For the first time in history, about half of the world’s population is classified as residing in urban areas . From now to 2050 the human population is anticipated to continue to grow . Forecasts predict a growth in more urban areas rather than rural. During the 20th century, the U.S. grew most rapidly near the coasts and around large cities. California, Texas, Florida, and New York are the four states with the largest populations and where 38 percent of the U.S. population growth occurred during this time period. These states are also the ones that are most vulnerable to the rising sea levels and other global climate changes. While many small and intermediate cities are experiencing the most rapid rates of growth, large cities continue to expand in size, density, and population. In these cities, the poor are most at risk. Rapid urbanization has forced them into susceptible neighborhoods in low-lying areas and along waterways that are prone to flooding. More than a third of the world’s total population lives the urban area of ...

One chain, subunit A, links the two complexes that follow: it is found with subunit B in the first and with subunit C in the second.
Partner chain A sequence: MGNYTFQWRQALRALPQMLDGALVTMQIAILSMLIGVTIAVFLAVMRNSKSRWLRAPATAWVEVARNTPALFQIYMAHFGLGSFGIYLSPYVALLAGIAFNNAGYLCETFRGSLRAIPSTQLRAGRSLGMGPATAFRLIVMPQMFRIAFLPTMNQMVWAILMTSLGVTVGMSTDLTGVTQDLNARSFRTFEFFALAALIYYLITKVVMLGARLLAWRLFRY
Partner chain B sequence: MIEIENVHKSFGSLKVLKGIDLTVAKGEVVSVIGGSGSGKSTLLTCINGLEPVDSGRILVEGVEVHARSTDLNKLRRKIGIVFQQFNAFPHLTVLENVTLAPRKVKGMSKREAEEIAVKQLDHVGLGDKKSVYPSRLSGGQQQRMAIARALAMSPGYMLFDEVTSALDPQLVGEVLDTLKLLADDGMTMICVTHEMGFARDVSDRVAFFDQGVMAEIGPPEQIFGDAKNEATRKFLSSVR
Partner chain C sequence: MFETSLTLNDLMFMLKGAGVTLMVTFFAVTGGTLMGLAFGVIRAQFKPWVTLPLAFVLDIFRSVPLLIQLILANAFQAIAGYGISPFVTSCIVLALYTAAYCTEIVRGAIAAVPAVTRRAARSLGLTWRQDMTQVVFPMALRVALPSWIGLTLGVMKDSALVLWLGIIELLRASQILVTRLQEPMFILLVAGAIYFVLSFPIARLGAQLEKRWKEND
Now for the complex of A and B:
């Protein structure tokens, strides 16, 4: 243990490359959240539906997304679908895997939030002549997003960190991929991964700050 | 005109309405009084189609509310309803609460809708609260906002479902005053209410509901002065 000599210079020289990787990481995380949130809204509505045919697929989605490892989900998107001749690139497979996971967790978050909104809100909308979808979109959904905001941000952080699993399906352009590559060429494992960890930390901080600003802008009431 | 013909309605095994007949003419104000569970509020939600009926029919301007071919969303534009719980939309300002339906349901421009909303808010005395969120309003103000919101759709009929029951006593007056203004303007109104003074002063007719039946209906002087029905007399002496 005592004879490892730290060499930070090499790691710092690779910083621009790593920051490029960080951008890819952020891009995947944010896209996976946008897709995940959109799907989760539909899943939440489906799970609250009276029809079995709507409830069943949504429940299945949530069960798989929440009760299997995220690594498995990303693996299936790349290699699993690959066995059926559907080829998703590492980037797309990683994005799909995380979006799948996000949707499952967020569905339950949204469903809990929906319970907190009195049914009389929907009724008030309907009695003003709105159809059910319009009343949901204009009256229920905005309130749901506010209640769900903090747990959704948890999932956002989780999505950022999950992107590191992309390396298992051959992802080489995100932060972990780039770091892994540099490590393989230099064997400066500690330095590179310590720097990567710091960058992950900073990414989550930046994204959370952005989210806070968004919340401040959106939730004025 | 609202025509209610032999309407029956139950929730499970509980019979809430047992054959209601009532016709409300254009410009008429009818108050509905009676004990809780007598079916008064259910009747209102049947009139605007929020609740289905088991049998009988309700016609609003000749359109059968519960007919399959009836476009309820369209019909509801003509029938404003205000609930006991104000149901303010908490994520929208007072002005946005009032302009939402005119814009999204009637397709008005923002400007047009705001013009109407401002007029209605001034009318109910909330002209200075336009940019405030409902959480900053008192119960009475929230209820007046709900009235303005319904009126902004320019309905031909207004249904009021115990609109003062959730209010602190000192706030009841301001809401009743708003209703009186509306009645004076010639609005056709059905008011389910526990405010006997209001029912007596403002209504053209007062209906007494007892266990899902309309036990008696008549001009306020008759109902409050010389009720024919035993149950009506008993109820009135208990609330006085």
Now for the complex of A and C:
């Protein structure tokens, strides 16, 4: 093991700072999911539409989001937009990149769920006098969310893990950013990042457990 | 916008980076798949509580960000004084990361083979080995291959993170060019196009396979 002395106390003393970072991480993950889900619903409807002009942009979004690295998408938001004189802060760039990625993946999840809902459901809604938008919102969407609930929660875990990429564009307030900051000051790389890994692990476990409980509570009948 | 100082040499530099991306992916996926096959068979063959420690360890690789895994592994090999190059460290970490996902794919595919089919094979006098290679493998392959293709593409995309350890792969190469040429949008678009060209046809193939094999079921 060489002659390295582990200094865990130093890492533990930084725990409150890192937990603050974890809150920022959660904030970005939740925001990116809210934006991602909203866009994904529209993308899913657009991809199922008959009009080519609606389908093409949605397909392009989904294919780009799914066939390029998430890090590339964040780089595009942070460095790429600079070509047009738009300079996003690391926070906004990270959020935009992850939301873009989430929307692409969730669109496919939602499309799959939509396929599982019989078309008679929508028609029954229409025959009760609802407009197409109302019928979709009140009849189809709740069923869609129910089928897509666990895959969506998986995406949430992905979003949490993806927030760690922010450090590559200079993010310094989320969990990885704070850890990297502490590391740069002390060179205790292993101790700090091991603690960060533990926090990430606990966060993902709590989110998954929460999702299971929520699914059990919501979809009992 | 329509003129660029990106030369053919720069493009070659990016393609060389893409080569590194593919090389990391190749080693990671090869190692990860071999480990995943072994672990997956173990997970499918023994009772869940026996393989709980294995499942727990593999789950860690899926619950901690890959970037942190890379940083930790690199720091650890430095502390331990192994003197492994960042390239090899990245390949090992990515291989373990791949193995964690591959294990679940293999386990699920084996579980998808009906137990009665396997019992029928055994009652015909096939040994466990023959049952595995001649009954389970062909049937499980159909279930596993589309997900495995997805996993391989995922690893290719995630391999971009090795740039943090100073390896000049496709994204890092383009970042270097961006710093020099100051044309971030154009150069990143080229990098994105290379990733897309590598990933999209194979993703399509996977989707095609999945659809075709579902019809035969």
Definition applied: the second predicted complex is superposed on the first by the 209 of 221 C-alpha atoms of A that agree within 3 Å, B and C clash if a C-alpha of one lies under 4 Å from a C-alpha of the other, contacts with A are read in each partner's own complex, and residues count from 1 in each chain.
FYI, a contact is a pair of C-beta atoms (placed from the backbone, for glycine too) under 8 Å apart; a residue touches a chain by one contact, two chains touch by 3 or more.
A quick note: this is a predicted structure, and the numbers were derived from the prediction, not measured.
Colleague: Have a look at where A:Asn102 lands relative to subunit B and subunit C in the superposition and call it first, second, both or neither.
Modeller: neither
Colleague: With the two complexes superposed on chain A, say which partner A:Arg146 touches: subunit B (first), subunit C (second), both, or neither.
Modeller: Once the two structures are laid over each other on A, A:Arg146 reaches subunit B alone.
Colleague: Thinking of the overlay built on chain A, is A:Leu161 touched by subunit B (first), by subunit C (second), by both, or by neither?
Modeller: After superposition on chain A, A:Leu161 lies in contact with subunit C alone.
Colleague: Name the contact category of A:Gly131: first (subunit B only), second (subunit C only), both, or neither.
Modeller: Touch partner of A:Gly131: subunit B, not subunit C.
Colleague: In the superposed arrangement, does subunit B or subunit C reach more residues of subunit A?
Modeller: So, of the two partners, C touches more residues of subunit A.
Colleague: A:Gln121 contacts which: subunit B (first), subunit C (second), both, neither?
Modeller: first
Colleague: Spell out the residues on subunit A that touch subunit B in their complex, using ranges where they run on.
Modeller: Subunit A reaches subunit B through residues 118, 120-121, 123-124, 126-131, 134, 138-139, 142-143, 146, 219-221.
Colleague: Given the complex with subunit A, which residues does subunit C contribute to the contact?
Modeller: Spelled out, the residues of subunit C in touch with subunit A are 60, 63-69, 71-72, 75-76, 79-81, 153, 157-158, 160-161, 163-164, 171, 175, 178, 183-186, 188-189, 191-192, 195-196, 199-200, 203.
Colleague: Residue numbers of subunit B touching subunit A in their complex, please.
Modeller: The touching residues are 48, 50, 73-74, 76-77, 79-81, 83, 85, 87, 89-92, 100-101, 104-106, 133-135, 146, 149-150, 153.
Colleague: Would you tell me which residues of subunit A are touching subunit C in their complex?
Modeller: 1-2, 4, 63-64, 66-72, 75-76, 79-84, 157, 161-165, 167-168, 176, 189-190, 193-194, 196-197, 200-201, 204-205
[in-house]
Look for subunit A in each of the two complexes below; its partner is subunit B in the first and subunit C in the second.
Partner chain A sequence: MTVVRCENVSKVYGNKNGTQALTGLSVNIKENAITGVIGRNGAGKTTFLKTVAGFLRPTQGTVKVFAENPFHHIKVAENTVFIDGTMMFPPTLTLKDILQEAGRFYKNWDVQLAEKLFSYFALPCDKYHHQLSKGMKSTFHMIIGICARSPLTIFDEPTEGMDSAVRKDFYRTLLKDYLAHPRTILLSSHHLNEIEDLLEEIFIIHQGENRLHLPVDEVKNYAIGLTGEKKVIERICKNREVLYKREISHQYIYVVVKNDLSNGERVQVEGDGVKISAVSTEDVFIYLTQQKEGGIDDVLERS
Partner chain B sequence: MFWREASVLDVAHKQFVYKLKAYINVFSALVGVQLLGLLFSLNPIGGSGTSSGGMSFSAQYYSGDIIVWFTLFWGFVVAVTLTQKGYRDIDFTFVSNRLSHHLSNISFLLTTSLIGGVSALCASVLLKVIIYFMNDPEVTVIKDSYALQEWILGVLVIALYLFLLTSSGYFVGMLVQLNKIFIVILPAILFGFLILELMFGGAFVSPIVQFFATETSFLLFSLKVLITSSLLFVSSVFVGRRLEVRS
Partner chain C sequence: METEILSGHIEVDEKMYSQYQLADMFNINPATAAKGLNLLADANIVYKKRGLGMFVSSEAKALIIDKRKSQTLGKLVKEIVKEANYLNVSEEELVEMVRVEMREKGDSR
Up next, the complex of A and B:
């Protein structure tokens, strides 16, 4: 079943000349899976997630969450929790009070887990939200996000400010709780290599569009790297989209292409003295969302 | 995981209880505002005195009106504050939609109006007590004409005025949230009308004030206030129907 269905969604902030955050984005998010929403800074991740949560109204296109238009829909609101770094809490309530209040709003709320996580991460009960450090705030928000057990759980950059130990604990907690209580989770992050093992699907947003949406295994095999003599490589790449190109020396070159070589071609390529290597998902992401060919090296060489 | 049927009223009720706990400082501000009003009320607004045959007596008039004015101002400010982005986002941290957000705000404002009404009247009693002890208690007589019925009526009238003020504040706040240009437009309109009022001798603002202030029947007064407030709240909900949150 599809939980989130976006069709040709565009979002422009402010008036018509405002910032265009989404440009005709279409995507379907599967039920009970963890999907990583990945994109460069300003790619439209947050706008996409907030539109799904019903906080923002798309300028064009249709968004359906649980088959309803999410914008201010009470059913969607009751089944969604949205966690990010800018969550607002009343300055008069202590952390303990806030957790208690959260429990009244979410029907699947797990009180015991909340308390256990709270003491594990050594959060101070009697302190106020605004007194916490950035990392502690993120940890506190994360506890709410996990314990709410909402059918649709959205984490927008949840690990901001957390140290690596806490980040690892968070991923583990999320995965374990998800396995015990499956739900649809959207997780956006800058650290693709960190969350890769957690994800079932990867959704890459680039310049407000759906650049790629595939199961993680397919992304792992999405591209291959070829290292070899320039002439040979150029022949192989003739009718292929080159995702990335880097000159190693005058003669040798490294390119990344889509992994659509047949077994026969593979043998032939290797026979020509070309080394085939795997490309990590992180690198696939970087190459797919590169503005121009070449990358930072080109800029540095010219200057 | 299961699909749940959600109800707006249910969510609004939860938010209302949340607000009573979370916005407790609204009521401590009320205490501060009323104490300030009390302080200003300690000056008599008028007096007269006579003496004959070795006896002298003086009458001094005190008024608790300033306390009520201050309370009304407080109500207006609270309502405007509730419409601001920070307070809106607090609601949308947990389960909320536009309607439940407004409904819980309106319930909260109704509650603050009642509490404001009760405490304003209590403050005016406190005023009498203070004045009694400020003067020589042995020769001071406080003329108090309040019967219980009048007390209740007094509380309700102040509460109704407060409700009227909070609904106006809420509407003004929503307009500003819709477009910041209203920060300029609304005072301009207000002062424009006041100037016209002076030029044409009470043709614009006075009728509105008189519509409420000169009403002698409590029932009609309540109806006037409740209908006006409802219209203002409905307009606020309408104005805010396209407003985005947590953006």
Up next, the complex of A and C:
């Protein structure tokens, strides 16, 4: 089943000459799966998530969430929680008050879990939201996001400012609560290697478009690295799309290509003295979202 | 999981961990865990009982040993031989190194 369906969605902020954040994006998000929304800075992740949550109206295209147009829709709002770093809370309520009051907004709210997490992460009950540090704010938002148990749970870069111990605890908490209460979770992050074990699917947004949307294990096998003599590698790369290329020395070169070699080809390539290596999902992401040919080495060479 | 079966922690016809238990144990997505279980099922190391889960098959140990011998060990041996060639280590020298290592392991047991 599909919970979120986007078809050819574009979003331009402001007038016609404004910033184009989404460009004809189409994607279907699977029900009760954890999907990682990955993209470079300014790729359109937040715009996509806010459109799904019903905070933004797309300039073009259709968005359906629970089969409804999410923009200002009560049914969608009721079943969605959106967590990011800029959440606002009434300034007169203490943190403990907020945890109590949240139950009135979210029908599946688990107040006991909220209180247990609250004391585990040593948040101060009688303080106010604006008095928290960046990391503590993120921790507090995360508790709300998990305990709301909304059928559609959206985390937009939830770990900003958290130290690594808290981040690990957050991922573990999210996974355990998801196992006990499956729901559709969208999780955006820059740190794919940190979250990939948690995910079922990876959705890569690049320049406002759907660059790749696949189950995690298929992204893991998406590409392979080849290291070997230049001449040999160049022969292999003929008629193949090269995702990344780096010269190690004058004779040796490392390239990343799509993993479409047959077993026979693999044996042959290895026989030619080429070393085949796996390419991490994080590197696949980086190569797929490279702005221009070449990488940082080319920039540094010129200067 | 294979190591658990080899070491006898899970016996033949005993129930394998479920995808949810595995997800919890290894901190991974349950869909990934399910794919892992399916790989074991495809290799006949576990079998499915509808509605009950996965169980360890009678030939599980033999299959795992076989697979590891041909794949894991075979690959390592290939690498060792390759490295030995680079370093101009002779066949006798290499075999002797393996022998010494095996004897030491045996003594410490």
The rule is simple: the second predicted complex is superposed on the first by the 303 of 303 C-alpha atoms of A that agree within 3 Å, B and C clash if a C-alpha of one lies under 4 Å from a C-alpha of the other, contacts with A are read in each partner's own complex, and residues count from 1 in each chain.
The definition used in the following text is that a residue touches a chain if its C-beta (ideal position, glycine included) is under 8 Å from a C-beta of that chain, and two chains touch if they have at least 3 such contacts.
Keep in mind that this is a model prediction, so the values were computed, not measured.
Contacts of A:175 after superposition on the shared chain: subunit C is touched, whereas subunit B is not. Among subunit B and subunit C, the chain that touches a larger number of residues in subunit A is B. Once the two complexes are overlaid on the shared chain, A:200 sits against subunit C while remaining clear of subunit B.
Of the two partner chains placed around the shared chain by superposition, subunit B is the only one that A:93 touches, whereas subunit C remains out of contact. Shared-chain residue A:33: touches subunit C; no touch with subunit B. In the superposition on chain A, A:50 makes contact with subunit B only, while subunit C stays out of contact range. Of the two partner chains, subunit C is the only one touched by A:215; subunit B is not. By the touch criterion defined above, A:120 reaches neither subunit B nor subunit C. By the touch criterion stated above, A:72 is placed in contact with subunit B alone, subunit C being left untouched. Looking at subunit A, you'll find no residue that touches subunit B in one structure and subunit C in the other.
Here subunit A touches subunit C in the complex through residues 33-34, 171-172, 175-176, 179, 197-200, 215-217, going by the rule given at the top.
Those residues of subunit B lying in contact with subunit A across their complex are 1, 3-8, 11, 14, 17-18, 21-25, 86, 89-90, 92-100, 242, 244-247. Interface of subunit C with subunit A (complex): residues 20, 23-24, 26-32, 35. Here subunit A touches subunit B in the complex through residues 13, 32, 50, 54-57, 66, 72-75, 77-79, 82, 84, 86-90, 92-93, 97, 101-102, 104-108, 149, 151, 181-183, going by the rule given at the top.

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...ighest Risk of Damaging Floods? New Study Crunches the Numbers,” The World Bank, 19 Aug. 2013, http://www.worldbank.org/en/news/feature/2013/08/19/coastal-cities-at-highest-risk-floods (accessed 17 Jan. 2014)
Joel E. Cohen, “Population and Climate Change,” Proceedings of the American Philosophical Society Vol. 154, No. 2 (June 2010)
Michael C. Barth, James G. Titus, Kenneth J. Gregory, “Greenhouse Effect and Sea Level Rise; A Challenge for This Generation,” The Geographical Journal, Vol. 154, No. 1 (Mar., 1988), pp. 118-119
Edward D. Murphy, “Architects design two-day event to explore issue of sea level rise: Their goal is to devise proposals for southern Maine and inform the public about vulnerable areas.” Maine Today, Local and state; pg. B1, 12 May 2011.
Reuters, “Rising sea threatens U.S. cities: new study.” The Star Phoenix, World; pg. C14. 17 Feb. 2011
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